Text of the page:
In his Sept. 14 op-ed piece, Sustainable Electronics Recycling International (SERI) Executive Director John Lingelbach expresses the belief that Basel Action Network’s (BAN) publishing of export tracking data, including the names of companies that handled each tracker in its chain of export, is irresponsible without extensive and costly investigations completed prior to release of data.
First, we would like to express that it is a welcome change that we are no longer having a debate about whether or not illegal or unethical export is a significant industry problem. Gone are the days when self-serving, data-challenged “studies” proclaimed export figures to be less than 5 percent. Our 2016 report, “Scam Recycling,” documented that 40 percent of the printers, LCDs and CRTs we released to recyclers, with trackers installed, were shipped illegally to developing countries where dangerous and polluting “recycling” took place.
The export rate of trackers delivered to R2-certified companies (48 percent) was even higher than to uncertified companies (37 percent).
This is a very significant problem and we appreciate Mr. Lingelbach saying as much. The debate he has now raised is whether our data should be published or sanitized to redact the names of the companies involved in an export chain. This idea would in effect reduce the publicly released data to include only ports of export and import.
BAN has taken pains in our reports to explain that a company found in an illegal export chain does not necessarily imply culpability, but rather indicates a cause for great concern and further scrutiny. Mr. Lingelbach nevertheless believes our transparency does more harm than good, as some readers might ignore our direction and simply infer guilt.
We share this concern but believe, on balance, that far more harm comes to responsible innocent businesses – not to mention the environment and laborers abroad – when irresponsible actors profit at the expense of responsible ones, via the devastating, unfair competition of exporting hazardous waste to developing countries.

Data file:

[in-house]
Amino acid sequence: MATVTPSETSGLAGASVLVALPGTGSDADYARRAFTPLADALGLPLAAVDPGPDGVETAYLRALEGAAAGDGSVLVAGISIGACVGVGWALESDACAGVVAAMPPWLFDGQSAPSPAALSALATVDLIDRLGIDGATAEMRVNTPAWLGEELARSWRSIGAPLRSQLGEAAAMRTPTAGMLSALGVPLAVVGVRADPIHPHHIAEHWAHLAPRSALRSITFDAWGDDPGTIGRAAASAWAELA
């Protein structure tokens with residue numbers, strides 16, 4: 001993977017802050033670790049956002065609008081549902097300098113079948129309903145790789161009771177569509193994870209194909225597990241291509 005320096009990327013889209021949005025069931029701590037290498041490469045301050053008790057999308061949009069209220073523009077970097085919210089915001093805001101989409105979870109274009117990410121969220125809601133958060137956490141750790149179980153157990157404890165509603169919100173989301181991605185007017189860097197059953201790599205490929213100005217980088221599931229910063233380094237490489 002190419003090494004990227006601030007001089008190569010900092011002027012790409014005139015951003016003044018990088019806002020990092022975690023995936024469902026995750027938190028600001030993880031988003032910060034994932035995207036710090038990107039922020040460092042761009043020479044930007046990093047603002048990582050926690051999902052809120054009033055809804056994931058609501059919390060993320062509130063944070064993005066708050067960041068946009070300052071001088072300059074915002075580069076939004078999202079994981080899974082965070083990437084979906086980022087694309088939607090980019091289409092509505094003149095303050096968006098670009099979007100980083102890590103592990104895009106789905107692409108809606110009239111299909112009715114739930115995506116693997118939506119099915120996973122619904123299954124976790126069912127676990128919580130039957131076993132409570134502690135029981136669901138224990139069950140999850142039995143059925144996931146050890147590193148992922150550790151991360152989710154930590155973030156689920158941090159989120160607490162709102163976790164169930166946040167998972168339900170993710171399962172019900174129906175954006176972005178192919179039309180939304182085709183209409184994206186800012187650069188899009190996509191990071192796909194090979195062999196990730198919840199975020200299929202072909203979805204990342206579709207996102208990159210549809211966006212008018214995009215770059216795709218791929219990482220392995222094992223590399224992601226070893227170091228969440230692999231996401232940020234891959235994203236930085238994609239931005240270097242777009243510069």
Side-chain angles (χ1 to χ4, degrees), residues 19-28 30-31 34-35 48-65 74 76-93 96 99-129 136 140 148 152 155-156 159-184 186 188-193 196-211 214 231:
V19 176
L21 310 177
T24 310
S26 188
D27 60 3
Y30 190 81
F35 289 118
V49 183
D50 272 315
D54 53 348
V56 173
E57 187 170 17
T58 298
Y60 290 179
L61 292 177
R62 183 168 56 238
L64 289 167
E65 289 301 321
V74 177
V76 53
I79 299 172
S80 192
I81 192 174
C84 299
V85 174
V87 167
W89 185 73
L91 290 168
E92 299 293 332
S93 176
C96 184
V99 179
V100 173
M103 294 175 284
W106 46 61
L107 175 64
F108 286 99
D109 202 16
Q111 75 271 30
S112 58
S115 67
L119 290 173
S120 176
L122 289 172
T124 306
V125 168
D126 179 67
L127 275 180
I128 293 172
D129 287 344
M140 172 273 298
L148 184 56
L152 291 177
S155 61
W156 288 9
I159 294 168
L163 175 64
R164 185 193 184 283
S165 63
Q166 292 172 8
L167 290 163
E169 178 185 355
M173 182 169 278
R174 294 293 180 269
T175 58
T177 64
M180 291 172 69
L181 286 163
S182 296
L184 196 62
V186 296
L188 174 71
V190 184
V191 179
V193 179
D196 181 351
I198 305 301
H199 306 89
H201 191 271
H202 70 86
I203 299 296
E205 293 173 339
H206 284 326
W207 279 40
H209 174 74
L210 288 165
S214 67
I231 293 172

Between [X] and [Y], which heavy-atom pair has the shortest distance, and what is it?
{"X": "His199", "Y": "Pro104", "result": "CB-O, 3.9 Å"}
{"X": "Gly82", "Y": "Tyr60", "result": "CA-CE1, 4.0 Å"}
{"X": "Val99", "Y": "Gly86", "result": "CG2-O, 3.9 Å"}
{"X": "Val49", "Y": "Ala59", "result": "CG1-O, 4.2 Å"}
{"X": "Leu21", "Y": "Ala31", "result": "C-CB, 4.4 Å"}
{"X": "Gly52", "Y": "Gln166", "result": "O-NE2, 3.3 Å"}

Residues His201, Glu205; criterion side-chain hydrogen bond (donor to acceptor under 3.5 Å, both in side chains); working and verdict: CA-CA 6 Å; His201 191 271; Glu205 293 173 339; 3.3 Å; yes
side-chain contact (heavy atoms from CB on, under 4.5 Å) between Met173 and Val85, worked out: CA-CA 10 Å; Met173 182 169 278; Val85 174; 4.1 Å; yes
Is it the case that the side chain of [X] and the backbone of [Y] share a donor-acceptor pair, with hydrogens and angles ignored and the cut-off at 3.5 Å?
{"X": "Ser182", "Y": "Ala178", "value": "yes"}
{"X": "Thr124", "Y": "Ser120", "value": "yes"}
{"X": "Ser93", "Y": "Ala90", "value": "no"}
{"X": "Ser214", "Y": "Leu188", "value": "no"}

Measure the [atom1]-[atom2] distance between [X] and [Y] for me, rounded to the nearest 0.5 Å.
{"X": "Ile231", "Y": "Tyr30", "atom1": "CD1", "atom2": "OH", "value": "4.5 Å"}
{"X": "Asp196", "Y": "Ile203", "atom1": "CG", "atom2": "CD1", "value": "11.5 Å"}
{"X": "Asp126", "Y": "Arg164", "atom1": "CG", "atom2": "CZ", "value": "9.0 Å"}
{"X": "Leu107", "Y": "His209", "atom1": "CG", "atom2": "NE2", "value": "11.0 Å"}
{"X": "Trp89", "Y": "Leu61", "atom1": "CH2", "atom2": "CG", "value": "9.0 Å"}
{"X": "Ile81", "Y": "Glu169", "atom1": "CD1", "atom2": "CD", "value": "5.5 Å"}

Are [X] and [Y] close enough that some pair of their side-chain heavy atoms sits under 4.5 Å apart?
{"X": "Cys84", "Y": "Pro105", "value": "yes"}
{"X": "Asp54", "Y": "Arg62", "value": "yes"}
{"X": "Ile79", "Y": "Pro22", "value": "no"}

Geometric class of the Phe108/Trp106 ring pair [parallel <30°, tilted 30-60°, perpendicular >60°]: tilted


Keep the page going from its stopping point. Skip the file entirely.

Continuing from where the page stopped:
We wonder where Mr. Lingelbach’s concern is for these businesses that are damaged every day and have been for over a decade due to their commitment to engage only in ethical and legal trade.
And does anybody honestly believe there would be any reason for a company to examine their role in a chain of export or change their behavior if their name was not publicly mentioned as being part of that chain?
It is precisely due to the anonymity and hidden nature of exports to date that this unscrupulous trade has continued to flourish. Sunlight is what the trackers finally provide, and sunlight, as they say, is the best disinfectant.
Furthermore, disinfection is already occurring. While it is true that it is beyond the means of BAN’s budget to conduct thorough investigations on each and every instance of export – as, sadly, there are too many – actions are still being taken. First, as e-Stewards program administrator, we are committed to thoroughly investigating any e-Stewards recycler caught in a chain of export. To date, we have investigated three such e-Stewards-certified companies. One was removed from the program, one was exonerated and one is still being investigated.
Second, we stand ready to provide our data to law enforcement officials and to SERI. To date, SERI has declined to accept our raw data, which makes it difficult to understand how thorough their investigations can be. Law enforcement officials, both in the U.S. and abroad, have made good use of our data, which has already resulted in criminal prosecutions.
Beyond law and certification enforcement, we see a role for companies who are caught in a chain of export to conduct their own investigations. The e-Stewards business community has called for us to routinely deploy trackers within e-Stewards’ collection points as part of our Performance Verification Program.
Further, at the most recent e-Stewards “Face-2-Face” meeting, e-Stewards companies have asked to be provided with trackers so they can proactively check their own downstream. We will also be rolling out the use of trackers for large enterprise customers that are keen to enhance their own due diligence. All of this self- examination would not occur without data to spur action.
In the end, tracker technology provides an overdue “CAT scan” on an industry that has had a hidden malignancy far too long. Such data is provided to diagnose and remedy the disease. It is our firm belief that real data on illegal trade – clearly explained – is already changing behavior and by so doing providing relief for truly responsible recyclers, refurbishers and their customers.
Jim Puckett is executive director of Basel Action Network (BAN).
The views and opinions expressed are those of the author and do not imply endorsement by Resource Recycling, Inc. If you have a subject you wish to cover in an op-ed, please send a short proposal to [email protected] for consideration.